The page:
IDEAS home Printed from https://ideas.repec.org/p/fth/harver/1818.html
   My bibliography  Save this paper

Trend Employment Growth and the Bunching of Job Creation and Destruction

Author

Listed:
  • Christopher L. Foote

Abstract

Research using US manufacturing data finds that job destruction fluctuates more over time than job creation, but some new data indicates that this behavior is not shared in growing sectors, where job creation varies more. An explanation for this finding based on the interaction between (S,s)-type adjustment and trend employment growth delivers some tight predictions for the relationship between trend growth and the volatility of creation relative to destruction. Though it scores some notable successes, the simple (S,s)-based model augmented with a low-frequency trend cannot fully account for the strength of the empirical relationship between relative gross-flow volatility and trend growth across one--digit industries.

Suggested Citation

  • Christopher L. Foote, 1998. "Trend Employment Growth and the Bunching of Job Creation and Destruction," Harvard Institute of Economic Research Working Papers 1818, Harvard - Institute of Economic Research.
  • Handle: RePEc:fth:harver:1818
    as

    Download full text from publisher

    To our knowledge, this item is not available for download. To find whether it is available, there are three options:
    1. Check below whether another version of this item is available online.
    2. Check on the provider's web page whether it is in fact available.
    3. Perform a search for a similarly titled item that would be available.

    Other versions of this item:

    References listed on IDEAS

    as
    1. Donohue, John J, III & Heckman, James, 1991. "Continuous versus Episodic Change: The Impact of Civil Rights Policy on the Economic Status of Blacks," Journal of Economic Literature, American Economic Association, pages 1603-1643.
    2. Sundstrom, William A., 1992. "Last Hired, First Fired? Unemployment and Urban Black Workers During the Great Depression," The Journal of Economic History, Cambridge University Press, vol. 52(02), pages 415-429, June.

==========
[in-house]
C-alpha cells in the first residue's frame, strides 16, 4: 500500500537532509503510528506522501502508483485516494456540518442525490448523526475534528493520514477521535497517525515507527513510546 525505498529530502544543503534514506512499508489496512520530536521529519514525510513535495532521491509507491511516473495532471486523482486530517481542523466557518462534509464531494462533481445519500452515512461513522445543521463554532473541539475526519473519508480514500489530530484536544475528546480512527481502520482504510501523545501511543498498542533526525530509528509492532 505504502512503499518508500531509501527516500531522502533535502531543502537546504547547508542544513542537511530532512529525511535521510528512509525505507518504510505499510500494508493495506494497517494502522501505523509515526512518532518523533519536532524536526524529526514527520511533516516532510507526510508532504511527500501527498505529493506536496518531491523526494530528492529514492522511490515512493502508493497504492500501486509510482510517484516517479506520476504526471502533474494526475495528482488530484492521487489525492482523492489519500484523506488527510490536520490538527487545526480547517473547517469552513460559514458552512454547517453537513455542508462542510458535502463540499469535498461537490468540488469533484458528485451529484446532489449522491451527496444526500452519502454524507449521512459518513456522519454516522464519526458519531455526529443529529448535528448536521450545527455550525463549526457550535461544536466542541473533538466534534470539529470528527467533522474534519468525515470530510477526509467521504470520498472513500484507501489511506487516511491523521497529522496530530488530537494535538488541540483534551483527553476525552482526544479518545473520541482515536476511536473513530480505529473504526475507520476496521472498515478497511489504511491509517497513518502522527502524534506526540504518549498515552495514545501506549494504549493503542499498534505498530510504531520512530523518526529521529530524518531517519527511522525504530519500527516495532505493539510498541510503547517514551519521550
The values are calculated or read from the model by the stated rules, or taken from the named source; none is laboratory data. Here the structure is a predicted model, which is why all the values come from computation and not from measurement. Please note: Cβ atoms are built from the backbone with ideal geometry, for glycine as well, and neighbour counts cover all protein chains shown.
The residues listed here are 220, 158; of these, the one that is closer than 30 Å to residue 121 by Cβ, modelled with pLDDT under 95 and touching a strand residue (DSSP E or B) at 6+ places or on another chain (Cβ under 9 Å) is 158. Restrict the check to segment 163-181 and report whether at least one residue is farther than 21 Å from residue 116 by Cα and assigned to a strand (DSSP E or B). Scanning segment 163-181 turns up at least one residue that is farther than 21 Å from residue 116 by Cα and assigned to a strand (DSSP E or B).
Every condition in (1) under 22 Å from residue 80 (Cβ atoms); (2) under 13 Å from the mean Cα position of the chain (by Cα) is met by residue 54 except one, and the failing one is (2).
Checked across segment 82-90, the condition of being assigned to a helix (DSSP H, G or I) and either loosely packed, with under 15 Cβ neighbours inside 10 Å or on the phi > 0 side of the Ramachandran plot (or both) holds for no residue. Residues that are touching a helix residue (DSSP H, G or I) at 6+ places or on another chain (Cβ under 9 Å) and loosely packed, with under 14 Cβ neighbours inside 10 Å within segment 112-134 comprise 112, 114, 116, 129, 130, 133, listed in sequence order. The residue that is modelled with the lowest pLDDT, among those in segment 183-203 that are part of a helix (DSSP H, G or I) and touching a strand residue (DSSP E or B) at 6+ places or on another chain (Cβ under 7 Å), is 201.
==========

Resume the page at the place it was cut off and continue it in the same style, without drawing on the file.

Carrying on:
Full references (including those not matched with items on IDEAS)

    More about this item

    Statistics

    Access and download statistics

    Corrections

    All material on this site has been provided by the respective publishers and authors. You can help correct errors and omissions. When requesting a correction, please mention this item's handle: RePEc:fth:harver:1818. See general information about how to correct material in RePEc.

    For technical questions regarding this item, or to correct its authors, title, abstract, bibliographic or download information, contact: (Thomas Krichel). General contact details of provider: http://edirc.repec.org/data/ieharus.html .

    If you have authored this item and are not yet registered with RePEc, we encourage you to do it here. This allows to link your profile to this item. It also allows you to accept potential citations to this item that we are uncertain about.

    We have no references for this item. You can help adding them by using this form .

    If you know of missing items citing this one, you can help us creating those links by adding the relevant references in the same way as above, for each refering item. If you are a registered author of this item, you may also want to check the "citations" tab in your RePEc Author Service profile, as there may be some citations waiting for confirmation.

    Please note that corrections may take a couple of weeks to filter through the various RePEc services.

    IDEAS is a RePEc service hosted by the Research Division of the Federal Reserve Bank of St. Louis . RePEc uses bibliographic data supplied by the respective publishers.